Now you might be thinking...
Wait a minute here. We can't do face to face, we can't do vILT, and we can't do self-paced eLearning. Is there anything left?
Try This Instead
Start by asking yourself (or having your L&D leader ask) three questions:
What is it we want to happen when this learning experience has been completed? There's a gap somewhere-- whether it's new information or a failure to execute to the degree expected. Define the expectation.
How do people collaborate / connect to work here, even when they aren't doing it for learning / training reasons? There are tools already at your disposal. People have to communicate to get work done, even if their job is "independent." Examine what communication channels are leveraged most frequently. Think about where your workforce lives.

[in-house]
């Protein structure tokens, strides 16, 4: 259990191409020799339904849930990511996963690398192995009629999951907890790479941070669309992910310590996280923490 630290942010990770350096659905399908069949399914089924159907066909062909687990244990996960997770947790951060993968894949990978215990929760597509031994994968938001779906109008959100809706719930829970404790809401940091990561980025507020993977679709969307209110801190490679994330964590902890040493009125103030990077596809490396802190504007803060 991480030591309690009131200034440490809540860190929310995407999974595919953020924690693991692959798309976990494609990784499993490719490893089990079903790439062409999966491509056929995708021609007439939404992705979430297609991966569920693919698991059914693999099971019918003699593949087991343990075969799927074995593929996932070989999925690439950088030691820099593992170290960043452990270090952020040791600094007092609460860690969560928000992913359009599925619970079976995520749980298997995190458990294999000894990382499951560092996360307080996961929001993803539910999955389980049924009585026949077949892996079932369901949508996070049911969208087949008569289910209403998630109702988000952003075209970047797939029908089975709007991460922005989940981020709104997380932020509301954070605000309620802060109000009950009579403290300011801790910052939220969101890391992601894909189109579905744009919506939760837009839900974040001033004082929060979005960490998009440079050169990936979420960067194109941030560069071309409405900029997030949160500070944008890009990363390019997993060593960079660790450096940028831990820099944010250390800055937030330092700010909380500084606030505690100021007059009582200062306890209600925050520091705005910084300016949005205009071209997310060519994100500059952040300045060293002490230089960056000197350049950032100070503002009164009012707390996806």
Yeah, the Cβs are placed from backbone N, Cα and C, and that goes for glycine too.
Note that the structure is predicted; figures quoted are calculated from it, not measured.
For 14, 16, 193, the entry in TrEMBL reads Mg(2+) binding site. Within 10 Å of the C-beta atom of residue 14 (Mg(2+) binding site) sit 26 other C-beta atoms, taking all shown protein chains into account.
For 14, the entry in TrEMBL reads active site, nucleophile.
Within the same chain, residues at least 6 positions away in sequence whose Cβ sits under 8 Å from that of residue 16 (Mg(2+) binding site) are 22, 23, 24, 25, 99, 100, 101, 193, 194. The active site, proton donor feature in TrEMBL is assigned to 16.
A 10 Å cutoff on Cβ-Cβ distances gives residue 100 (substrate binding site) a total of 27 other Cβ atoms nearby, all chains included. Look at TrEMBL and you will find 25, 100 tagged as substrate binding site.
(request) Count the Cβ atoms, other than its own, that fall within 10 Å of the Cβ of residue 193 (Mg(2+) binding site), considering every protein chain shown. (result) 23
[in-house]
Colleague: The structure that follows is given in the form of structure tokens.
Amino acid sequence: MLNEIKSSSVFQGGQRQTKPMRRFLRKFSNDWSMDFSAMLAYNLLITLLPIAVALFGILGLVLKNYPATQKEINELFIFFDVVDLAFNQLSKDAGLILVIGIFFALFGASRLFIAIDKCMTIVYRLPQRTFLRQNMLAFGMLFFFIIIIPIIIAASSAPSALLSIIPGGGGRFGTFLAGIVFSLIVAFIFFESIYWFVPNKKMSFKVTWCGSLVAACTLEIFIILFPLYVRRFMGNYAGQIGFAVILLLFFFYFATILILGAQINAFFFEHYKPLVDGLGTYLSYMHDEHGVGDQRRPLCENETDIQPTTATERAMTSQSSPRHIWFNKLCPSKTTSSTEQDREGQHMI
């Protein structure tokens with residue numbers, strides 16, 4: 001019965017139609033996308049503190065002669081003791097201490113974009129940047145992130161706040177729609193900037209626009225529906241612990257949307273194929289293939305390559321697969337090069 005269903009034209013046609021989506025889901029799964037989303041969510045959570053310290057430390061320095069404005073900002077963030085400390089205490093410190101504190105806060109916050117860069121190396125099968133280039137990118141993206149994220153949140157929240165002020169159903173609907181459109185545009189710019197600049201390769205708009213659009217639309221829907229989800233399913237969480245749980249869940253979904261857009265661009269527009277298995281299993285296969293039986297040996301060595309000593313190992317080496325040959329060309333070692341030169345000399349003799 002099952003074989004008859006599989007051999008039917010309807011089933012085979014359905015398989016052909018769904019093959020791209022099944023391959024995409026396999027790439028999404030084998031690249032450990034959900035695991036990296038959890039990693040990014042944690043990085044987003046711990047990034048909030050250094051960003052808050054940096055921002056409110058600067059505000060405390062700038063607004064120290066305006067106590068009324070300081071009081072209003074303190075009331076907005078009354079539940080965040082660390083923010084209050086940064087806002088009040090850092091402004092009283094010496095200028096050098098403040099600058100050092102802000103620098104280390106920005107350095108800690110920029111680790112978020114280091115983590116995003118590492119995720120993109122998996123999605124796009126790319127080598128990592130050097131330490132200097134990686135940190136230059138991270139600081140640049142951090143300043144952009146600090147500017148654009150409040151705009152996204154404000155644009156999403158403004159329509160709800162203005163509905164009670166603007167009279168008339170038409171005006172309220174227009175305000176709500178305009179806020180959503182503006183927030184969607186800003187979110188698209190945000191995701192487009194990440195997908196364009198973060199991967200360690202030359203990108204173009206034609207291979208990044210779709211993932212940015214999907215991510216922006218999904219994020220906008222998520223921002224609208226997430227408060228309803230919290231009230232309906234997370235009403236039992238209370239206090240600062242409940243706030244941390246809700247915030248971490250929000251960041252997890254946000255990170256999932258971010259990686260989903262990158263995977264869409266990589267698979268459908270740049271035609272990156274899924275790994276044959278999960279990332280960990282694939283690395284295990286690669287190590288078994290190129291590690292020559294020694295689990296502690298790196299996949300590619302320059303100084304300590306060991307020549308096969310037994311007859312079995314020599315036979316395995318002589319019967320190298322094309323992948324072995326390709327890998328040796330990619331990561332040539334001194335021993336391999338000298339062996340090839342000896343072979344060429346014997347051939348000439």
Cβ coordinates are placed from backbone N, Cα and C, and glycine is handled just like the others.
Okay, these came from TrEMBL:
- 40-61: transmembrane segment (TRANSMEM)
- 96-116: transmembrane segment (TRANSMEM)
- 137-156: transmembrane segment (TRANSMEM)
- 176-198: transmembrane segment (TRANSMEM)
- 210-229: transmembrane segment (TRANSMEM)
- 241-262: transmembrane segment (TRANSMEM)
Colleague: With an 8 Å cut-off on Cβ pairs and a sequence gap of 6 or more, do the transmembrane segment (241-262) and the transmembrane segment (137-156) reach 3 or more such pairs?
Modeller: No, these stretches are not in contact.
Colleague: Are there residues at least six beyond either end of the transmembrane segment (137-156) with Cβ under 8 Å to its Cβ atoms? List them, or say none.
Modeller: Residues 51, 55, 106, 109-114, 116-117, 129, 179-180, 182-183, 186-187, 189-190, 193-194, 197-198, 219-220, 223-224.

What inspires, intrigues, or aggravates people enough to get them talking? Communication happens when people want answers or want to share. They need motivation to do so, and experiencing strong emotions can be a motivator.
Now that you've explored the core you can start to build the action plan. Choose your:
The best tool is the one that people are already using-- email, Teams, Slack... whatever. Meet people where they are rather than making them learn something new.
Leverage these tools to deliver the training content (we'll get to this in just a moment) OR to lead people to the training content if it lives somewhere else, like a LMS / LXP.
You'll also need these tools to create a community space where people can connect and share. Bonus points if those spaces are easily searchable.
If you don't already have an easy place for people to connect, this is your sign to sign up (We use Workplace by Meta at Your Instructional Designer, and we also recommend it to clients who want to implement social learning networks).